At Memorial Hermann, we offer a full range of X-ray examinations conducted by specialty trained professionals at more than a dozen imaging center locations throughout Greater Houston. If your doctor has ordered an X-ray exam, you can book your exam with confidence, knowing you can visit an imaging center location close to home and have your questions answered by our experienced staff and affiliated radiologists.
X-ray (also known as radiography) is an imaging technique that uses ionizing radiation to produce a 2-D static image of the interior of your body. X-rays help to diagnose disease, damage to bones or organs, and other anomalies, as well as to identify foreign objects. The X-ray produces a grayscale image, with bones appearing white or light-gray and soft tissue and air a much darker shade.
X-rays are some of the most common diagnostic imaging techniques used in the treatment of injury and disease. Different kinds of radiography include fluoroscopy, mammography and computed tomography. X-rays tend to be a better option for examining the lungs for the presence of foreign bodies and disease.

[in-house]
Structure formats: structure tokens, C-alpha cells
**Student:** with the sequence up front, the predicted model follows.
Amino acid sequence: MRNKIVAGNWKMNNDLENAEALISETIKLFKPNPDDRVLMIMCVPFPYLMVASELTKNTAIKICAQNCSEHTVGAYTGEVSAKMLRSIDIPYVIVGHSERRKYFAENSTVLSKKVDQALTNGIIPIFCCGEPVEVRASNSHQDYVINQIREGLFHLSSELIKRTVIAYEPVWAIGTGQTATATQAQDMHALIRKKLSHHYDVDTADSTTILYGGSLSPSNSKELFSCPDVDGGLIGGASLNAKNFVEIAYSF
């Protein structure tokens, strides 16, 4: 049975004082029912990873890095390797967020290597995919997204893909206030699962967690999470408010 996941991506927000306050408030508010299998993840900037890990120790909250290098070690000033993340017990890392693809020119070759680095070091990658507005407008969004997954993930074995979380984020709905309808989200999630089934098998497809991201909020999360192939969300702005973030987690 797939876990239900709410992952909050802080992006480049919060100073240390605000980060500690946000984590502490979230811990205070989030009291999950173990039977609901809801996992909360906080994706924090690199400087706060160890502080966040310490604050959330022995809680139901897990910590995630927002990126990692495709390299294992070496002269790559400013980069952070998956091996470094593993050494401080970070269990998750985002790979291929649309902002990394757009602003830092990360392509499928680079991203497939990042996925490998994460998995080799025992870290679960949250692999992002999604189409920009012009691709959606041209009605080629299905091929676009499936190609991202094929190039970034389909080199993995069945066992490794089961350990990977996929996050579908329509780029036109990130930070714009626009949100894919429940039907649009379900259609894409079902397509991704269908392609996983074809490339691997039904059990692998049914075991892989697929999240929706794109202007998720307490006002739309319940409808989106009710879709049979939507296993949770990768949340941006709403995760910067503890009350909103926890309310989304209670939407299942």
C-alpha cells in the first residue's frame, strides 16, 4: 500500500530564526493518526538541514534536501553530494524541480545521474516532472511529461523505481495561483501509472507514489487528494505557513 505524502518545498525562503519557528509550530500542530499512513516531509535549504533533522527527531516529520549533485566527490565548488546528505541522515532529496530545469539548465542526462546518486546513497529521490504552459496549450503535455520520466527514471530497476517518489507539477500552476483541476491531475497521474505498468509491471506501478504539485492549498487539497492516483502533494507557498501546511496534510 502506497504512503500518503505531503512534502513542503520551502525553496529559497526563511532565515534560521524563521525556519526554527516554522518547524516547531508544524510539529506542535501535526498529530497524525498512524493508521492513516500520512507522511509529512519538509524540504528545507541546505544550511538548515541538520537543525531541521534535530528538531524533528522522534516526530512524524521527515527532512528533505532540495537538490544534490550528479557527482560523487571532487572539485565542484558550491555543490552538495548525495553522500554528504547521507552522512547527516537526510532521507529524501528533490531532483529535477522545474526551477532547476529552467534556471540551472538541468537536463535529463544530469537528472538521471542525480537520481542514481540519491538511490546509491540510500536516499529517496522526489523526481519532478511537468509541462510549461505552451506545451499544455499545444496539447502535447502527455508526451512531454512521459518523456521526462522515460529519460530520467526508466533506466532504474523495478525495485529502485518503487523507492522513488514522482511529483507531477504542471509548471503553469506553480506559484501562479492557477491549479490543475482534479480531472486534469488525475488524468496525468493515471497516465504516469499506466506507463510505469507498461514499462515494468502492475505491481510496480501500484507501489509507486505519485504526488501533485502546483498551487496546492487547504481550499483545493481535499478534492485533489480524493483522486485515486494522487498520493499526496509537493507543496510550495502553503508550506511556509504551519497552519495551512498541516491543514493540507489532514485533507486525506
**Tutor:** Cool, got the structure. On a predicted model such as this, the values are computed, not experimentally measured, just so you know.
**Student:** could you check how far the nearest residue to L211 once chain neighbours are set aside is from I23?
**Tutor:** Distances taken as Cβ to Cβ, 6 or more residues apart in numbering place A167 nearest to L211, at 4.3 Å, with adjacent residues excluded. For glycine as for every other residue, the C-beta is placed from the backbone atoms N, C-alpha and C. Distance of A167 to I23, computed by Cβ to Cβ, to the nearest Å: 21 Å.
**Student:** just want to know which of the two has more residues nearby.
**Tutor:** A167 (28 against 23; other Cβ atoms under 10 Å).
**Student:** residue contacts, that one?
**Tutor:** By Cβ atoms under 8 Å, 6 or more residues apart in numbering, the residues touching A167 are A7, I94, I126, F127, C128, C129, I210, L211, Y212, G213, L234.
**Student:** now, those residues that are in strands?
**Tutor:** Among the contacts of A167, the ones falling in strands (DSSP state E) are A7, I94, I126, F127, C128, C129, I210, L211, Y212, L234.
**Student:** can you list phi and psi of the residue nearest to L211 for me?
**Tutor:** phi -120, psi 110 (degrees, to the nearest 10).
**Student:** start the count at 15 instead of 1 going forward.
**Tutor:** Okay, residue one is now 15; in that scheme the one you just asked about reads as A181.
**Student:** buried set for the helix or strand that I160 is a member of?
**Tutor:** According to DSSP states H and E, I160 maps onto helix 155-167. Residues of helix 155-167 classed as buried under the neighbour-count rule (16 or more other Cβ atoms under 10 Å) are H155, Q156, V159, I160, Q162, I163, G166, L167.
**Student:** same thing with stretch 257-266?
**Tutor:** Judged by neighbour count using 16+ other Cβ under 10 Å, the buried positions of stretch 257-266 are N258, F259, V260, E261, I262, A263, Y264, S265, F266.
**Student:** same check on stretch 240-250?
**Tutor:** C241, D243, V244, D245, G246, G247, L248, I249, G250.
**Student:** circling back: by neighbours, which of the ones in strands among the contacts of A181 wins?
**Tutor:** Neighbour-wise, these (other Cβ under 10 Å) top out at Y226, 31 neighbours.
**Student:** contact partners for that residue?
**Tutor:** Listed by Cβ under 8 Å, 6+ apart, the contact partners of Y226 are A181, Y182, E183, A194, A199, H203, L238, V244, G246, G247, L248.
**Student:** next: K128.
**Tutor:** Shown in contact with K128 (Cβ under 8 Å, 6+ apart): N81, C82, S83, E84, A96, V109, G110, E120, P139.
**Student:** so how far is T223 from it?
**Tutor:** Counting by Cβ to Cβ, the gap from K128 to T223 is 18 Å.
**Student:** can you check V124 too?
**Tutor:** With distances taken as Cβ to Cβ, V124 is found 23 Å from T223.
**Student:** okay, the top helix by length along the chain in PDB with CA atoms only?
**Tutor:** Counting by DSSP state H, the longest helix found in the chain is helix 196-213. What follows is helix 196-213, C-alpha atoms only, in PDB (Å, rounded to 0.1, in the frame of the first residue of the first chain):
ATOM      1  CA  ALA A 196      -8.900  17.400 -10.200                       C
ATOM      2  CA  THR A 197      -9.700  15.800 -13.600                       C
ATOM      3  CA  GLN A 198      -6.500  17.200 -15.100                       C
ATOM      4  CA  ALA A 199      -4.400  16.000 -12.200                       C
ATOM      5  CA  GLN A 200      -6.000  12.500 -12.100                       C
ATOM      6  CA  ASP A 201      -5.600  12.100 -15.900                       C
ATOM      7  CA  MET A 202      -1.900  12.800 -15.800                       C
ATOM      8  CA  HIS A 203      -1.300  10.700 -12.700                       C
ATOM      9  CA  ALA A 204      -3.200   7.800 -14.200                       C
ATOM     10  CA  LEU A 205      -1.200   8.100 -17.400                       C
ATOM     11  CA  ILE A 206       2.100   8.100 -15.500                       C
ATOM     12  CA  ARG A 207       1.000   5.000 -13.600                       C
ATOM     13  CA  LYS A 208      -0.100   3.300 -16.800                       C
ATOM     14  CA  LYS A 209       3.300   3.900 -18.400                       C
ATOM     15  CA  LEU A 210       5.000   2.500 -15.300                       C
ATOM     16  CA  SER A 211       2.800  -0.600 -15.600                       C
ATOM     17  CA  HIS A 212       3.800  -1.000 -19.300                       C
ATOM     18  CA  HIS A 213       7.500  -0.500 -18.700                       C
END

X-ray technology is highly adaptable and can be quite effective in helping to diagnose disease or injury, depending on which part of your body is being scanned. The following are the most common types of X-ray exams:
According to the FDA, X-rays are often used where a static diagnostic image is sufficient:
Because X-rays use radiation that can pass through the human body, some of this radiation is absorbed as it passes through. The amount absorbed depends on the density of the part of your body undergoing the X-ray exam. For example, highly dense structures such as bones absorb much more radiation than soft tissues, like organs and muscle.